19 April | Lithium
India’s state-owned miner investigating lithium deposits in Australia
Lithium deposits. Credit: kvm_nsk via Shutterstock
India’s NMDC has started investigating lithium deposits in Western Australia. The state-owned mining enterprise hopes to expand its lithium production in order to scale up production of electric vehicles (EVs).
It comes after NMDC’s 2022 announcement that it had purchased a stake in the Mount Bevan iron ore mine, also in Western Australia. The lithium block was purchased from Hawthorn Resources, which also bought into Mount Bevan initially.
The second half of 2023 will also see the opening of a lithium-ion cell gigafactory in the country. The plant, built by Indian automotive firm Lucas-TVS, will have a productive capacity of 10GW.
India’s government itself revealed the discovery of its first ever domestic lithium deposit in February, reported Reuters. With global lithium consumption jumping 24.5% in 2022, the deposit gives India the potential to develop a large domestic lithium industry.
Demand for EVs in India has surged, attracting investment both from the government and abroad. During the 2023-24 budget, the Indian government laid out $425.6m of investment with the aim of achieving net-zero emissions by 2070.
18 April | Tin
Tin price spikes ahead of halt to mining in Myanmar
Myanmar’s Wa State will announce a halt to mining operations in the area from August, according to a document seen by Reuters. The announcement caused a spike in global tin prices of 11% on the day of the announcement.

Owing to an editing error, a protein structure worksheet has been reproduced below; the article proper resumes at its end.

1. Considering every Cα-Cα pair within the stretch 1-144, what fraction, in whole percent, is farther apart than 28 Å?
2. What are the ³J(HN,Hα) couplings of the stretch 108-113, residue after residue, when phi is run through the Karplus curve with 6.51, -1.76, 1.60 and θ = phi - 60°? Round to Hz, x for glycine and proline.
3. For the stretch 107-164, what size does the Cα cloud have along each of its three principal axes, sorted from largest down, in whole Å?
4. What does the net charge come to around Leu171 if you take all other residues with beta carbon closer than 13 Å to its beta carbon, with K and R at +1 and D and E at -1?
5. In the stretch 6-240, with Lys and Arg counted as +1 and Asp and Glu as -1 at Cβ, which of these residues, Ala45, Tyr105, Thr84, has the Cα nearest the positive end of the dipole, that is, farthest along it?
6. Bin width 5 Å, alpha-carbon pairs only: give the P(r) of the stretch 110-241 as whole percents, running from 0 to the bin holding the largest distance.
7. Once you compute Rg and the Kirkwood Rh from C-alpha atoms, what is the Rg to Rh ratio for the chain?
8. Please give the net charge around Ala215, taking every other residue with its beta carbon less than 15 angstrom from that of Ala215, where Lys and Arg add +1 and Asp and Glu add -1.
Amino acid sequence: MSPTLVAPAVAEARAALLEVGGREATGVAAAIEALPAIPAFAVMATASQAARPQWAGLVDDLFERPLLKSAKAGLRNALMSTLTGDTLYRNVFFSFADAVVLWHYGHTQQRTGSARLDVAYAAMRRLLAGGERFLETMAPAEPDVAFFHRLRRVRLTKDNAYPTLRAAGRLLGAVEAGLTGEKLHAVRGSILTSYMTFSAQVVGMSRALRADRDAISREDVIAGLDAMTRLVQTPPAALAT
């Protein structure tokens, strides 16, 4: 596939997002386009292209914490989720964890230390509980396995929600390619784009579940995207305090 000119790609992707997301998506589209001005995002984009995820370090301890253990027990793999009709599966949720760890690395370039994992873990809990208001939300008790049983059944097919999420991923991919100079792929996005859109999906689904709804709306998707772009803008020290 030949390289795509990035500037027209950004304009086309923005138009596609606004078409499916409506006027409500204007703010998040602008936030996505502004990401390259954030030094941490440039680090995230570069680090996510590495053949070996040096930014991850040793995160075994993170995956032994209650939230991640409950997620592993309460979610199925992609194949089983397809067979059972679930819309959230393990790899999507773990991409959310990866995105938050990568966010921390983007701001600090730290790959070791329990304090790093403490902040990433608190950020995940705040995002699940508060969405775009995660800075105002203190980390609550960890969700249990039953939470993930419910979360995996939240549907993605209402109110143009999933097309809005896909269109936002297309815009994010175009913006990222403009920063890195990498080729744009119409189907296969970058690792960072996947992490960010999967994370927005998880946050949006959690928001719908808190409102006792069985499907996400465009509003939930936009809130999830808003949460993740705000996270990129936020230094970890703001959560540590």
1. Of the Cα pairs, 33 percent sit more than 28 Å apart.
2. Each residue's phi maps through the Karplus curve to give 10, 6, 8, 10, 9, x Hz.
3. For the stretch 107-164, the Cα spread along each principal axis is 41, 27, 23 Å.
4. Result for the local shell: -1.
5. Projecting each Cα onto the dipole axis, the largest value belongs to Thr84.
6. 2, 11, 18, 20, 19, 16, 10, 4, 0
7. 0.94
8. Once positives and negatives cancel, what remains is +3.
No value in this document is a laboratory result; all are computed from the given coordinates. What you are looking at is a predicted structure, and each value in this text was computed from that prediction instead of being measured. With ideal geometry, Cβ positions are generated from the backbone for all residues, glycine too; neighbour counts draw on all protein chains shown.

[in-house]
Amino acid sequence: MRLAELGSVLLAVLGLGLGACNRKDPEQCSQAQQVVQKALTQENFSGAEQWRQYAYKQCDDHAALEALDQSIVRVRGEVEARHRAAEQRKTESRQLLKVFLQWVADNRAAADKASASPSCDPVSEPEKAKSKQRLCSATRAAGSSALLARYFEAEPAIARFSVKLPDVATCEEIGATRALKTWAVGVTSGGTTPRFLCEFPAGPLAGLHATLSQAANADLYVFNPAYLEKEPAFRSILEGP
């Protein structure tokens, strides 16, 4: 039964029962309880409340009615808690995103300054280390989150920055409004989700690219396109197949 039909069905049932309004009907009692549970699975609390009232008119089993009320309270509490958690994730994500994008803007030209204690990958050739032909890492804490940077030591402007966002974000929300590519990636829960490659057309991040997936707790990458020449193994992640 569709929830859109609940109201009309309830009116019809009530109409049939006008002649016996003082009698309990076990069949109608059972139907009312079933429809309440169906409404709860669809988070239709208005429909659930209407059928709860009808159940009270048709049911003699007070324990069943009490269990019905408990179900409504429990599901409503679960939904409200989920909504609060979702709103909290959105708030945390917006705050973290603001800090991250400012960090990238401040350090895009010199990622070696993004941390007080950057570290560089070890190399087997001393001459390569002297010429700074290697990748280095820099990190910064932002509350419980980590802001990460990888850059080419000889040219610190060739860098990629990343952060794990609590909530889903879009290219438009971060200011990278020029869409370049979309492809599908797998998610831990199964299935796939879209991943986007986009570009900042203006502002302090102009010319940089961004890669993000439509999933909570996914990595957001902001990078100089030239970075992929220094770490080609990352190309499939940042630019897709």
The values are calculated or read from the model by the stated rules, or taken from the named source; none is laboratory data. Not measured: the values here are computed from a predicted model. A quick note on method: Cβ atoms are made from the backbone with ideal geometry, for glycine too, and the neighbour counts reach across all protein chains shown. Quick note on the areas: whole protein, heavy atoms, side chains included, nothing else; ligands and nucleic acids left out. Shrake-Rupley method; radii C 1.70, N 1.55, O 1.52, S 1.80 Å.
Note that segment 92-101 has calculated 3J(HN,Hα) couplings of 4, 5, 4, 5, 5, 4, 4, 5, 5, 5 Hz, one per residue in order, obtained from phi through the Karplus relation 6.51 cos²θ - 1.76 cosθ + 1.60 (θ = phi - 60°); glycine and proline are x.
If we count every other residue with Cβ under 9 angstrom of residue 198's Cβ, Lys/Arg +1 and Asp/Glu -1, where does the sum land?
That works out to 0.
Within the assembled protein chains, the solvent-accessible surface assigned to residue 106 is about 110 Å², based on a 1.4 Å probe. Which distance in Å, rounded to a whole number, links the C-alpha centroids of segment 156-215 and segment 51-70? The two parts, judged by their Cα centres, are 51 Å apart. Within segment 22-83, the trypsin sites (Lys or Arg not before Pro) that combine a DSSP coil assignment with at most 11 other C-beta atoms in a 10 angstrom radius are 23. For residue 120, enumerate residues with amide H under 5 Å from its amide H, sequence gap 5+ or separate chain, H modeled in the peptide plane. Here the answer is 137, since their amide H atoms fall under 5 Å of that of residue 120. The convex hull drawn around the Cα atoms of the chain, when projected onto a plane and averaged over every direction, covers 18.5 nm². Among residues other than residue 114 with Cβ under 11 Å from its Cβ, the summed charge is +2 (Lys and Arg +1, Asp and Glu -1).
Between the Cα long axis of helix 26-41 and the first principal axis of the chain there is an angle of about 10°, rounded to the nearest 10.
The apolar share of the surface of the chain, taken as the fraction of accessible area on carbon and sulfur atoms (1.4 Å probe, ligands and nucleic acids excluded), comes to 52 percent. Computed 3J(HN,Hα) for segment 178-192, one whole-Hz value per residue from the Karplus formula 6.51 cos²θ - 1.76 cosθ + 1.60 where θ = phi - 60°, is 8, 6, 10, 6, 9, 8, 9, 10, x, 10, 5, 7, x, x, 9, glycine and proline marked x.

The government of the autonomous polity announced the measures in order to preserve the area’s natural resources for the future.
Myanmar is among the world’s top three tin producers and Wa State is the country’s largest source of the metal. Approximately 95% of Myanmar’s tin is mined in the region, which accounts for one-sixth of global production. The region’s ore reserves amount to upwards of 50 million tonnes.
Split across two regions in Myanmar’s east, Wa State’s northern region borders China, which will quickly feel the effects of this announcement. China accounted for 47% of global tin consumption in 2022.
Jeremy Pearce of the International Tin Association said: “There were problems in Myanmar in January and February, and there was a dip in Chinese production. Tin supplies have been tight.
17 April | Tailings
University of New South Wales unveils new research to prevent tailings dams disasters.
The University of New South Wales (UNSW) has revealed new research that could help prevent the occurrence of failures in tailings dams.
UNSW centred the research around how mining organisations conduct cone penetration testing (CPT). This will help miners to properly understand how tremor resistant tailings dams are.
In CPT, miners push a cone vertically into the tailings dam to test resistance, and therefore strength of the dam. These tests had previously been conducted under the assumption that the dam’s contents were fully saturated, which isn’t always the case.